I’m a Replacements fan. There. I admitted it. At least I didn’t vote for Trump.
Being a Replacements fan isn’t a bad thing, but you do have to put up with some quizzical looks from people sometimes, which is a damn shame. Because the Replacements are one of the best Rock & Roll bands a whole lot of people have never heard of. They are, in my view, Criminally Underrated. My love for them was recently reignited by watching Color Me Obsessed, a wonderful documentary about the band and the people who love them. (It’s on Amazon Prime if you want to watch it. . . and I recommend that you do.) So I’ve been listening to them on the way to and from work the last couple days. This morning, I decided to see what was available to download, because I knew I had a glaring hole in my personal collection (which I filled). But there was another glaring hole I didn’t know about. Or did know but had forgotten. Or didn’t think it was a glaring hole at the time but was so, so very wrong about.
The ‘Mats (look it up) released Don’t Tell a Soul in 1989, and many fans and critics took an instant dislike to it. It was considered their sell out album because it was on a major label and very heavily produced. Personally, I’ve always loved it; it contains several of my favorite songs and one of my favorite lyrics ever, from any artist (“They play with your head, but they’ll never stroke your hair.”). But it was much more polished than anything else they put out.
in Color Me Obsessed, they interviewed Matt Wallace, who produced the album along with the band (well, Paul Westerberg, anyway). He talked about the sound they were originally going for, and how the label had the album remixed (by Chris Lord-Alge, no less) in an effort to make it more commercial–an effort that was decidedly NOT appreciated by the fans or Matt Wallace. The general assumption was that the original master tapes of the original mix were lost.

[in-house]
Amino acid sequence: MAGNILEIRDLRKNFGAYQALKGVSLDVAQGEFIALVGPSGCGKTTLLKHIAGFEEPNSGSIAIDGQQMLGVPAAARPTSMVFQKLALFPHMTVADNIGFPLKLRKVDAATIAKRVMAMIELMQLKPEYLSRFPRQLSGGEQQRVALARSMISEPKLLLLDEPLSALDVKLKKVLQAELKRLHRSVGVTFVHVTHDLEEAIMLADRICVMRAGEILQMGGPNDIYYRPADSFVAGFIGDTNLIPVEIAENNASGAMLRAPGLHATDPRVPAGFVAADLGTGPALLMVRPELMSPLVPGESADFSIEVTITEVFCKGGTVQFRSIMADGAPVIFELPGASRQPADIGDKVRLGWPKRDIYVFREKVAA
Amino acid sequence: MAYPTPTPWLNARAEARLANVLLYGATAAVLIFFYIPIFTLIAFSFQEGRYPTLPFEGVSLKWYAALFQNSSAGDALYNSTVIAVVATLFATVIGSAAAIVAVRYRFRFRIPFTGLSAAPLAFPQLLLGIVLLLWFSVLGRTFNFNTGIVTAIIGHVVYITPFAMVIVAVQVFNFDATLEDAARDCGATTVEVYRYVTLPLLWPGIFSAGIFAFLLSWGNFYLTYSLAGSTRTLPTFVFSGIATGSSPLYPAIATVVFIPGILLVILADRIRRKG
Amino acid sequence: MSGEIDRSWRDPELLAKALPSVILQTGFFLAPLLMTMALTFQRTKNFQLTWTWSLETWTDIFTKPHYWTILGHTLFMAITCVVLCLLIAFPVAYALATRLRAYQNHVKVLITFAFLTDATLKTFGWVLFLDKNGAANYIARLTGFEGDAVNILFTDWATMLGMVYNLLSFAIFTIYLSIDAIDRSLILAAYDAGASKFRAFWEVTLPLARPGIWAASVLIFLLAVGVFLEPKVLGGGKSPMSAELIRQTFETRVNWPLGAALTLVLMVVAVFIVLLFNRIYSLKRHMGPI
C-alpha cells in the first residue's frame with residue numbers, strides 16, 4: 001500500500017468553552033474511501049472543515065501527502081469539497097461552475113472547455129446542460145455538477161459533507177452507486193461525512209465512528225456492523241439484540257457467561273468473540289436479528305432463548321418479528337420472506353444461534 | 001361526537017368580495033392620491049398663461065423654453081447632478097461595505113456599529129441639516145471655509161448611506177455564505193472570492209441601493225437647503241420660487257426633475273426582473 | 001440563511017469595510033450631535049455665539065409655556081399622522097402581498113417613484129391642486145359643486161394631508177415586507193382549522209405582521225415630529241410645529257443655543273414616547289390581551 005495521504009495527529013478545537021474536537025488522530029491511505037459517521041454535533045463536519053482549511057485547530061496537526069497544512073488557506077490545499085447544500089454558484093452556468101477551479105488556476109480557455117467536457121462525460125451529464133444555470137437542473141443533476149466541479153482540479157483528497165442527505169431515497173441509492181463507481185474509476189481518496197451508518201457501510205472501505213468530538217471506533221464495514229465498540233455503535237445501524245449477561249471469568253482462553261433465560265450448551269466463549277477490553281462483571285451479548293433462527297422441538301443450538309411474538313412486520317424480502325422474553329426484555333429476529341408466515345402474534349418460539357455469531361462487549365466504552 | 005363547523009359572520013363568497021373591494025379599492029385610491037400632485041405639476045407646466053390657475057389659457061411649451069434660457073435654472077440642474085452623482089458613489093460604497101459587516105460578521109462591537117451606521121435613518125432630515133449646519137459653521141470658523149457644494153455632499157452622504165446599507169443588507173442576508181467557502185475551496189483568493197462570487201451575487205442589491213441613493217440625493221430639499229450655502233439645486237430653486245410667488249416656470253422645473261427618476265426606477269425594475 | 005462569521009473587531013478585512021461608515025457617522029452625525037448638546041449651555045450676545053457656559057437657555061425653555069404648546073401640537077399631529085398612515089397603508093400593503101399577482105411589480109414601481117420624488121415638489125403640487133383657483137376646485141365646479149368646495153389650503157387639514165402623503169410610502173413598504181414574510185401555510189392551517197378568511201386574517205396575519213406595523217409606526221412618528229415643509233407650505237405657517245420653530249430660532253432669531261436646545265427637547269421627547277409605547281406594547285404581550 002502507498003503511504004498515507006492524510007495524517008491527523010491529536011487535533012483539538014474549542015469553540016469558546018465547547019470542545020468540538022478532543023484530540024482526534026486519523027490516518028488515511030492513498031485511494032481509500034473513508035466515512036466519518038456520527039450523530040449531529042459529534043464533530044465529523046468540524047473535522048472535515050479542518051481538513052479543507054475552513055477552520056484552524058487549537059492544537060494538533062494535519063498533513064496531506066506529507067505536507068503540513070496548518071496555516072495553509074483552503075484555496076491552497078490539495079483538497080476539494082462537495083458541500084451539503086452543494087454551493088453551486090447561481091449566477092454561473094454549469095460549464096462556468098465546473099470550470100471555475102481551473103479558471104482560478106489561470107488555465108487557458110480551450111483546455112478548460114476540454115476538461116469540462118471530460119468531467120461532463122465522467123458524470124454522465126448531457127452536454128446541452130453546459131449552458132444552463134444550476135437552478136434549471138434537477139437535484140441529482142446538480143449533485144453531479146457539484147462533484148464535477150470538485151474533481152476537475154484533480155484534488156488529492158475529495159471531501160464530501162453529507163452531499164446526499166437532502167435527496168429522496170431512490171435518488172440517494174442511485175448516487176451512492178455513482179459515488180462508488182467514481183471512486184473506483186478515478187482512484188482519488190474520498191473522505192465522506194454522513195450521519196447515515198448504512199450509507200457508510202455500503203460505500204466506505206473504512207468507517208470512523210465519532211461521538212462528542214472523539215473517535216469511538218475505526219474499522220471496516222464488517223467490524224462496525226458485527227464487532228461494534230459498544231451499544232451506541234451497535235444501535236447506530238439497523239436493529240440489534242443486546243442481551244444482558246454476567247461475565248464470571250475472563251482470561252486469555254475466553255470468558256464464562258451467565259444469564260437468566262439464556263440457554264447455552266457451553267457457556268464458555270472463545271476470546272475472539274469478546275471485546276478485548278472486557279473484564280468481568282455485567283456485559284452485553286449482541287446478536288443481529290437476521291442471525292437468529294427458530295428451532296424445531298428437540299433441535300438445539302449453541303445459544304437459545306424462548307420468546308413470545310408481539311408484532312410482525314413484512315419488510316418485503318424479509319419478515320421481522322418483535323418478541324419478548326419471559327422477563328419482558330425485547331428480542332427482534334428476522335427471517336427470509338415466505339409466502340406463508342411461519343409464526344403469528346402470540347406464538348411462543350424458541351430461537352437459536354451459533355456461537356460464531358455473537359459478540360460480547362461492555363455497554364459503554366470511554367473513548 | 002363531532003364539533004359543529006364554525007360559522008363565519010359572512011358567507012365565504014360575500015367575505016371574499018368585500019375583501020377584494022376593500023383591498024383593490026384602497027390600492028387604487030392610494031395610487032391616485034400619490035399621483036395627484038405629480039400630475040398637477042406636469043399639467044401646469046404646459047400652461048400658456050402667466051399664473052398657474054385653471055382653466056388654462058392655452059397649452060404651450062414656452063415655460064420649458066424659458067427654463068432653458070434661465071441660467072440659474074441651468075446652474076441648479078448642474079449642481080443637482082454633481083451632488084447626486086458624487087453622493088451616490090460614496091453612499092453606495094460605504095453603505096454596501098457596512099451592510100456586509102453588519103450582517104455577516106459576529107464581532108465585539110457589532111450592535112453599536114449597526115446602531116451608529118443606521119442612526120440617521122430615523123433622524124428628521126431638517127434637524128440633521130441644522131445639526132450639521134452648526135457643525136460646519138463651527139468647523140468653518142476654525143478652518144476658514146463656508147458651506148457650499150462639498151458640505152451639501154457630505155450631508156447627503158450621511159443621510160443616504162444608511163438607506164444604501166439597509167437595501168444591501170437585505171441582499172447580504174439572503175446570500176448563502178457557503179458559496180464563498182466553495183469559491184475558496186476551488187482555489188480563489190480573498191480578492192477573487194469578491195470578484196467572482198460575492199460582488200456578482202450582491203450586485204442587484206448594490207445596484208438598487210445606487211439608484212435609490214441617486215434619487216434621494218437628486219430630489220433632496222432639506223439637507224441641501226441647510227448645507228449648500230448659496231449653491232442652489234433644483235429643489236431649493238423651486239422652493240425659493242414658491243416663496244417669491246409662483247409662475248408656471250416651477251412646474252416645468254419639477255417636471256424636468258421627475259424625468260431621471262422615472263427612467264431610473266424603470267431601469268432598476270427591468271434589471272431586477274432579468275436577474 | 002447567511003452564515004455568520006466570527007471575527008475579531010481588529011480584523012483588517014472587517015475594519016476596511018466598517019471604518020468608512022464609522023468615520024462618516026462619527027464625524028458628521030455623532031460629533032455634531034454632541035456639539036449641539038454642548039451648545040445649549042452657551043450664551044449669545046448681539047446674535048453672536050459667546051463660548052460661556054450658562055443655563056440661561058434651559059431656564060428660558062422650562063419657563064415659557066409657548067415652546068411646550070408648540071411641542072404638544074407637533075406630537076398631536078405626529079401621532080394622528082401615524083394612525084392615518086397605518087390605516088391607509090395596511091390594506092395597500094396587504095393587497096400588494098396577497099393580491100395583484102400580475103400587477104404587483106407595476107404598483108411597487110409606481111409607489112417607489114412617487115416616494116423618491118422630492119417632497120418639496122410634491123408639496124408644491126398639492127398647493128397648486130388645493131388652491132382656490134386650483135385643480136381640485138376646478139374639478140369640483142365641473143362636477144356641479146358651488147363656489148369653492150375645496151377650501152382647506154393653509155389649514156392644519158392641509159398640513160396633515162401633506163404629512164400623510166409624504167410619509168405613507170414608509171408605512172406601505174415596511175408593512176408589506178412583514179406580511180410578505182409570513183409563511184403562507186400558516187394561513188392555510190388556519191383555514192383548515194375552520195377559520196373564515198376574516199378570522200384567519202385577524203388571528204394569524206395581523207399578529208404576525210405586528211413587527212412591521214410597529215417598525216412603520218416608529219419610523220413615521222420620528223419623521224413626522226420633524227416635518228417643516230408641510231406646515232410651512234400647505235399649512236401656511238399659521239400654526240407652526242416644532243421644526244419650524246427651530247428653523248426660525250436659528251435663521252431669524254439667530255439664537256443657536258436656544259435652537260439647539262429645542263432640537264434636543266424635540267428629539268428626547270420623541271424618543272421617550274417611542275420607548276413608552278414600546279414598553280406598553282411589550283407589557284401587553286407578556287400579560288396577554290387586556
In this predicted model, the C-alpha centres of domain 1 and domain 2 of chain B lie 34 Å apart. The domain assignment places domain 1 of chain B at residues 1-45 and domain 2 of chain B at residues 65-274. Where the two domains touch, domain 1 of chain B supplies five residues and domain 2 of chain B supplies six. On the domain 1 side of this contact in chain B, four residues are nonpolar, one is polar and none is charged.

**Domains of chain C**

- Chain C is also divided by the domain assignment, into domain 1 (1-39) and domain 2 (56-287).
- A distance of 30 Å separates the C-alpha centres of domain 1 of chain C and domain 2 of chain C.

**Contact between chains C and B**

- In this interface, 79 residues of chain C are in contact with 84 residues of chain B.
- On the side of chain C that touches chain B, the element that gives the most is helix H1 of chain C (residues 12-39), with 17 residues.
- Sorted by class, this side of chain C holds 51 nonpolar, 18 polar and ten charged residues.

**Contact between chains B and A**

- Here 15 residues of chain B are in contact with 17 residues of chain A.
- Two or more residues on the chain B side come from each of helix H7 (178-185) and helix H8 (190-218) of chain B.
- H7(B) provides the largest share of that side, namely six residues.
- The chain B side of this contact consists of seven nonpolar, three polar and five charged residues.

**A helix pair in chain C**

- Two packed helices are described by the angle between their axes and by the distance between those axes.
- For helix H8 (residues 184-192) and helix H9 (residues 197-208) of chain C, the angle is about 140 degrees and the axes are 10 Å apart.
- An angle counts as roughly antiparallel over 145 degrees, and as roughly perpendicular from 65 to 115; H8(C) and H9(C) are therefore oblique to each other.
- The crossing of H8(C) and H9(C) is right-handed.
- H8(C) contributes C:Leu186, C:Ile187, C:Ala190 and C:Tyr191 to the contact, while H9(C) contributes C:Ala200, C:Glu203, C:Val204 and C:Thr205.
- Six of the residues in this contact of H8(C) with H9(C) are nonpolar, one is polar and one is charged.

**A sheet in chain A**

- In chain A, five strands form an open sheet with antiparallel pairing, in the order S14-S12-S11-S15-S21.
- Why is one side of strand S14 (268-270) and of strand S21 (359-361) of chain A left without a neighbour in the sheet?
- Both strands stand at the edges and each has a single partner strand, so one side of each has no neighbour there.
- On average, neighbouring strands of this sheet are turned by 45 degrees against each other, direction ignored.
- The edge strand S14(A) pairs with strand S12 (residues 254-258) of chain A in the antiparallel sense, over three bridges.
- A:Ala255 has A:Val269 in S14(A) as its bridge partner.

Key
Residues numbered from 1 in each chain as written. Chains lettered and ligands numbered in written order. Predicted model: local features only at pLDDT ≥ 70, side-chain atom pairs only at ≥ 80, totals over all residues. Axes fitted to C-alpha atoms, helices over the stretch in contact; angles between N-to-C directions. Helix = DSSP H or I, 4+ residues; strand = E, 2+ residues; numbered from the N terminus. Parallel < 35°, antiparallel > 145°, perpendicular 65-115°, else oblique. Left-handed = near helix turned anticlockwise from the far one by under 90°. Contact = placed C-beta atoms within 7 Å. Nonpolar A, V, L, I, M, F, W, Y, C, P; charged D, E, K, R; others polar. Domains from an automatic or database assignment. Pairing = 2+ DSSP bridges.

They weren’t. According to the write-up on iTunes (yeah, I know, but it’s still one of my best and most convenient sources of music), the original master tapes were found “squirreled” away in Replacements guitarist Slim Dunlap’s belongings. And it is a revelation. When I first listened to a sample of the first song, I almost cried. Not only did it sound like the Replacements, it sounded so much better than the album the label released. All the overdubbing and reverb are stripped away to reveal a damn fine album. To whit, listen to “They’re Blind” from the original 1989 release.
Not a bad song at all. Very heartfelt and emotional (a trademark of Paul Westerberg’s songwriting, and apparently something the other members of the ‘Mats made fun of). It’s always been one of my favorite tracks. Now listen to the remastered Matt Wallace mix from the stellar 2019 compilation Dead Man’s Pop.
This version fucking aches. It’s incredible how open and raw it is, filled with such yearning and sadness. Would this version have been more successful than the version the label put out? Probably not. The Replacements were at least decade ahead of their time. Or a decade behind. It’s kind of hard to tell with them, sometimes. And they were masters at self-sabotage. But if Sire Records had just released the original mix, they would have given a great band a chance to shine the way that band was meant to.
I called Dead Man’s Pop a stellar mix a little earlier in this post because I know it is–even if I’ve only listened to a handful of tracks so far. I know it’s stellar because it’s the Replacements, and I am a Replacements fan. Because even at their worst, their most drunken and angry and irresponsibly lazy, the Replacements were never boring. And their music is great, running the gamut of genres and emotions from punk anger to emo tender. I’m considering starting a petition to get them inducted into the Rock & Roll Hall of Fame. Yeah, I’m a Replacements fan. Color me obsessed.